Quantum sensing Fig 2

New approach to quantum sensing

A typical quantum sensing experiment starts by initializing the NV center’s electron spin with a laser pulse lasting a few microseconds. The laser is typically operating in a wavelength range 510 – 560 nm which excites the NV center and populates a “bright” electron spin state that leads to strong fluorescence at around 638 nm when excited. By subsequently applying a microwave pulse, it is possible to flip the spin to a secondary “darker” state that shows less fluorescence. The spin-state after microwave exposure is read-out with a secondary laser pulse. The spin flip occurs when the microwave frequency matches the energy difference between the two states. As this energy difference depends on the magnetic field around the NV center, it is possible to determine the magnetic field by measuring at what microwave frequency the flipping to the darker state occurs, i.e. when the fluorescence is lowered. By applying elaborate sequences of microwave pulses of varying on/off times, so called “sensing protocols”, it is possible to maximize measurement resolution and to also assess other parameters than the magnetic field, such as electric field strengths and temperature.

Most quantum sensing experiments proceed with a parameter sweep of the interrogation time, which is often equivalent to the interpulse spacing in the sensing sequence [4]. In such cases, one sensing measurement consists of a set of pulse sequences. Companies such as Swabian Instruments have been able to apply modern single-photon counting approaches to enable fast on-the-fly processing of single-photon detection events in a flexible fashion. Such approaches eliminate common hardware limitations, such as limited histogram range and bin numbers, and greatly facilitate the implementation of novel quantum sensing schemes.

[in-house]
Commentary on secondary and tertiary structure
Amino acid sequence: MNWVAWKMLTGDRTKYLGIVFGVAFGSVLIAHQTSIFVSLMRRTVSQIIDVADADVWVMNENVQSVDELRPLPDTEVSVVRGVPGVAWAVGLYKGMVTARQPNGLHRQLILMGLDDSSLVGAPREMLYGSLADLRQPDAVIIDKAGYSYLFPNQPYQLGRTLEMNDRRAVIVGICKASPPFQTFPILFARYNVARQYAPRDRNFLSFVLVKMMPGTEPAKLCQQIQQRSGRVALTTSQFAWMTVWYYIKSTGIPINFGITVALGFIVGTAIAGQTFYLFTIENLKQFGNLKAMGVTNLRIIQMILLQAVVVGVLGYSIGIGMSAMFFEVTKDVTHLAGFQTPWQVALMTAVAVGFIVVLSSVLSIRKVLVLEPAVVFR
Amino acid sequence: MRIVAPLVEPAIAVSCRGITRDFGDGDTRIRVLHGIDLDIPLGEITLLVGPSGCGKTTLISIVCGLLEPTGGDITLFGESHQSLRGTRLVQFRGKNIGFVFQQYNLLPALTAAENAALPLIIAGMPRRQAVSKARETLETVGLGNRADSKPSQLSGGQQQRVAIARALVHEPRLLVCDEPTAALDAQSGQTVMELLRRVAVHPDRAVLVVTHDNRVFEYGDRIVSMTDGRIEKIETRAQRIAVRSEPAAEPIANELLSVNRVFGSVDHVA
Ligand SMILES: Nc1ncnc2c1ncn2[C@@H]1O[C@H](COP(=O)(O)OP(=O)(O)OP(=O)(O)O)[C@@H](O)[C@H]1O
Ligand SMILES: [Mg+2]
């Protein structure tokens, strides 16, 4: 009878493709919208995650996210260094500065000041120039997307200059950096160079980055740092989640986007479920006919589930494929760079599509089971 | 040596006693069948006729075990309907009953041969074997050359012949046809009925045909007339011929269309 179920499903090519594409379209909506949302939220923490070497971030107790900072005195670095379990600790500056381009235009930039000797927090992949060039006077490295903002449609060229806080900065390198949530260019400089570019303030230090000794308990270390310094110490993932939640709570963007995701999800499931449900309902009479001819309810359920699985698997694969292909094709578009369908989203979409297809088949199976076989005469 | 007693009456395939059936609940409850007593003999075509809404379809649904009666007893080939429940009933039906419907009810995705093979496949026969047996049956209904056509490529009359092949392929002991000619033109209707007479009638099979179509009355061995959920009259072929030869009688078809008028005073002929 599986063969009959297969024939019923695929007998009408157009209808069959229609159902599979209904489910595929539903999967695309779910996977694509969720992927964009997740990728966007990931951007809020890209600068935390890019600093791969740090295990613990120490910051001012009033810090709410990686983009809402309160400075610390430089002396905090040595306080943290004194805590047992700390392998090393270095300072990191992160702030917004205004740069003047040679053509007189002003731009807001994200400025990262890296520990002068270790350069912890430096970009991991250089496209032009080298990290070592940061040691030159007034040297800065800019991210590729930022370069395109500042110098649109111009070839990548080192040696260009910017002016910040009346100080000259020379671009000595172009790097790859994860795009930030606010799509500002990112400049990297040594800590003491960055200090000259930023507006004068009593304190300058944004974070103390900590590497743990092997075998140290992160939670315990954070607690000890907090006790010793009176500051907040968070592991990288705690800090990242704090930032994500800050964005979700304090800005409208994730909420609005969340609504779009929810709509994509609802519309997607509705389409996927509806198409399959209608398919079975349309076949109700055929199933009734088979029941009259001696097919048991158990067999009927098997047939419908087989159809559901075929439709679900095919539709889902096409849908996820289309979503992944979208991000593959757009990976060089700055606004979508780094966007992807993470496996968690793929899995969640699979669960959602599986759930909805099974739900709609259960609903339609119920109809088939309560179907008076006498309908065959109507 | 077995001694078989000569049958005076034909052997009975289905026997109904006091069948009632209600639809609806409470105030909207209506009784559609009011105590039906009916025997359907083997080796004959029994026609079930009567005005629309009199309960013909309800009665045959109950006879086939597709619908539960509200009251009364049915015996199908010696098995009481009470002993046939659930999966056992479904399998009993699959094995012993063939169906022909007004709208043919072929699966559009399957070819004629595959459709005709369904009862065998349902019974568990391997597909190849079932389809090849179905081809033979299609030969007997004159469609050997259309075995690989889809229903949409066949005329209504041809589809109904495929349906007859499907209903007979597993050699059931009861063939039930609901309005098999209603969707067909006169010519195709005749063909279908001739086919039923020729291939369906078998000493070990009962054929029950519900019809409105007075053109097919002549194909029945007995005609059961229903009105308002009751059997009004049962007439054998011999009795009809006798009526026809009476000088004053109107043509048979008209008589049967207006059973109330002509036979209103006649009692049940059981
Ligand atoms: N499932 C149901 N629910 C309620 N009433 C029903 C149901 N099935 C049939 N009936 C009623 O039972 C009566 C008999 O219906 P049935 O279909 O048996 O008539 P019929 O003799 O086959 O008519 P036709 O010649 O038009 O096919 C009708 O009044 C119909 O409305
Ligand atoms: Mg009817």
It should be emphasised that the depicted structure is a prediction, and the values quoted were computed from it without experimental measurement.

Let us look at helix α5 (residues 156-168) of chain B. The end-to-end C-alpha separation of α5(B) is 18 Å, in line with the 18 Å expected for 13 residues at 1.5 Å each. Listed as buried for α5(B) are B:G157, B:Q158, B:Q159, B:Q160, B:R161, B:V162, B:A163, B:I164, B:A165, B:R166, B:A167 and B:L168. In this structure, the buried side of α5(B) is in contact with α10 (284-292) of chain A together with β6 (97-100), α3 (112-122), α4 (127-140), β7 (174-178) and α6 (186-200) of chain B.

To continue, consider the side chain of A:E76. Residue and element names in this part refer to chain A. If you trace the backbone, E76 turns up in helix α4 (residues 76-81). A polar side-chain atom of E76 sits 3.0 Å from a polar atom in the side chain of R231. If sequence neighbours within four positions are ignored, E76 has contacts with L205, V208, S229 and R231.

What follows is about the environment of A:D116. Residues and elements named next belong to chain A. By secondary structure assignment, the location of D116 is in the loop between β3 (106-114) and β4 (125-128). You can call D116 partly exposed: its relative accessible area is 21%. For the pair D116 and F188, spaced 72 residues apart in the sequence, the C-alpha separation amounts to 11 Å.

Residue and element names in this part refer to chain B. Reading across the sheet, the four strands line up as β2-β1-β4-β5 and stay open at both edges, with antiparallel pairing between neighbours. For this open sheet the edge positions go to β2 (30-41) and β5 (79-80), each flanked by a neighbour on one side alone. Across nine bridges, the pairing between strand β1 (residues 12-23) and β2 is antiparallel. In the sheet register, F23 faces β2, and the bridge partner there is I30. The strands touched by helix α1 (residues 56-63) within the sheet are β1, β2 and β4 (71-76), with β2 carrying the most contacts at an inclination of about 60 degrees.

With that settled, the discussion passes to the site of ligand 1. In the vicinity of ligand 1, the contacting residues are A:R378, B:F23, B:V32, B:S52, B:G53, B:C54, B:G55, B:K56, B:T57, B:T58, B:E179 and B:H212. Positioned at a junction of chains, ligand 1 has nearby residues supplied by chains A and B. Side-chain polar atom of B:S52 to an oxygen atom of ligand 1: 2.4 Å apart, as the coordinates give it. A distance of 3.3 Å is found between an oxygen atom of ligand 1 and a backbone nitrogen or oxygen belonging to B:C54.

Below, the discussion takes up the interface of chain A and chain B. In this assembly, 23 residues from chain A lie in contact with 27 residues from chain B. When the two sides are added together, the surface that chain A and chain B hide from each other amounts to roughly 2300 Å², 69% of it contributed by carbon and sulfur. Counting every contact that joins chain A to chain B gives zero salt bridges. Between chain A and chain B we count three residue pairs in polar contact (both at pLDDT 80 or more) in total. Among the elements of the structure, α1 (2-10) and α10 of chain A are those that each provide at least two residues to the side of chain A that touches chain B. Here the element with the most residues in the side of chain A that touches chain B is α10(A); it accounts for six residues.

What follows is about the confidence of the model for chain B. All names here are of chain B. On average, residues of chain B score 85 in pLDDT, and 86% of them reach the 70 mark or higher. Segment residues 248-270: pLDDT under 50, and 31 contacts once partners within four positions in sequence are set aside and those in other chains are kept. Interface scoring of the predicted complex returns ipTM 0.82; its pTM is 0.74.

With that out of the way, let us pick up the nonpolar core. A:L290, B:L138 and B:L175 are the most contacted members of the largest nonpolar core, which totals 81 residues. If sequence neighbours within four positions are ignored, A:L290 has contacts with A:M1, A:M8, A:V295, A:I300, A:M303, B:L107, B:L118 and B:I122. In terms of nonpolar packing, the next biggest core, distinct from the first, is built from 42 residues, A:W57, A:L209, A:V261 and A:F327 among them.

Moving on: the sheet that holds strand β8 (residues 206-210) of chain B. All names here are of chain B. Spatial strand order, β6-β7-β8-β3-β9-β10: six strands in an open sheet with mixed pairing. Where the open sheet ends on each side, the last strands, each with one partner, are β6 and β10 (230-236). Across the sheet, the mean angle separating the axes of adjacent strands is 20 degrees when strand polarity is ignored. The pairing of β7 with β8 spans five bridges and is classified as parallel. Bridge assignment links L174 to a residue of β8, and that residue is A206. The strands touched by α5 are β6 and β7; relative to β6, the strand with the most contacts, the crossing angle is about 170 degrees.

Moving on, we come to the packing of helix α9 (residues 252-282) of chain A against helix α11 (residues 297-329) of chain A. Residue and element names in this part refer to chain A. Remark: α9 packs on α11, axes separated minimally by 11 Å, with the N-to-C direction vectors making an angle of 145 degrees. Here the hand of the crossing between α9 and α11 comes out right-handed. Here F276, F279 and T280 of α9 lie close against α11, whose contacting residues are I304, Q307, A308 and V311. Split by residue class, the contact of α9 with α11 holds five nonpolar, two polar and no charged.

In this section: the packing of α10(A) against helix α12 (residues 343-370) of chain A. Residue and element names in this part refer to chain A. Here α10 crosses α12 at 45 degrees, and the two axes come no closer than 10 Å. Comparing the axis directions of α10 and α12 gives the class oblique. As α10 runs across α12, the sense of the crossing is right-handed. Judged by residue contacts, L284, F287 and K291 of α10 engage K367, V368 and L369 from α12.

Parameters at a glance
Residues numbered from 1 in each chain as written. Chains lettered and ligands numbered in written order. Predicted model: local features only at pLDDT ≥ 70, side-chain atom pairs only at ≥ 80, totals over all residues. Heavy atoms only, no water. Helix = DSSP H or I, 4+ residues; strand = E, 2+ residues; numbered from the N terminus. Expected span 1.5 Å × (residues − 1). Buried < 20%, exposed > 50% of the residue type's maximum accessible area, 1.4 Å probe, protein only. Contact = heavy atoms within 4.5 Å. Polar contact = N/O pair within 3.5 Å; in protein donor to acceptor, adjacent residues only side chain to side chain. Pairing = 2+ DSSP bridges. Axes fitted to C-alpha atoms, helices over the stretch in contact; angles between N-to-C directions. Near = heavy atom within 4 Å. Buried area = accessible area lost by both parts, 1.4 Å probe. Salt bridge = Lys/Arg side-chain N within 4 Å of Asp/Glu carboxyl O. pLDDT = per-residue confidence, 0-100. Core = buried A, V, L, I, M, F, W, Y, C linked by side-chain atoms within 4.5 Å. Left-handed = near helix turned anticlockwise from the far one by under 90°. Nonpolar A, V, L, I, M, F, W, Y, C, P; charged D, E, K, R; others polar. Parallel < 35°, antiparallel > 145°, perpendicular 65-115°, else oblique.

Compact fast modulated lasers

The optical initialization and the read-out sequences of the spin state of the NV-centers requires precisely tailored light pulses within the excitation spectrum of NV- centers. Other important parameters are listed in the table below:

Wavelength 510 nm – 560 nm
Modulation rise & fall time <10 ns
On/off extinction ration >60 dB
Beam profile Gaussian
Spectral purity >40 dB
Polarization extinction ratio >100:1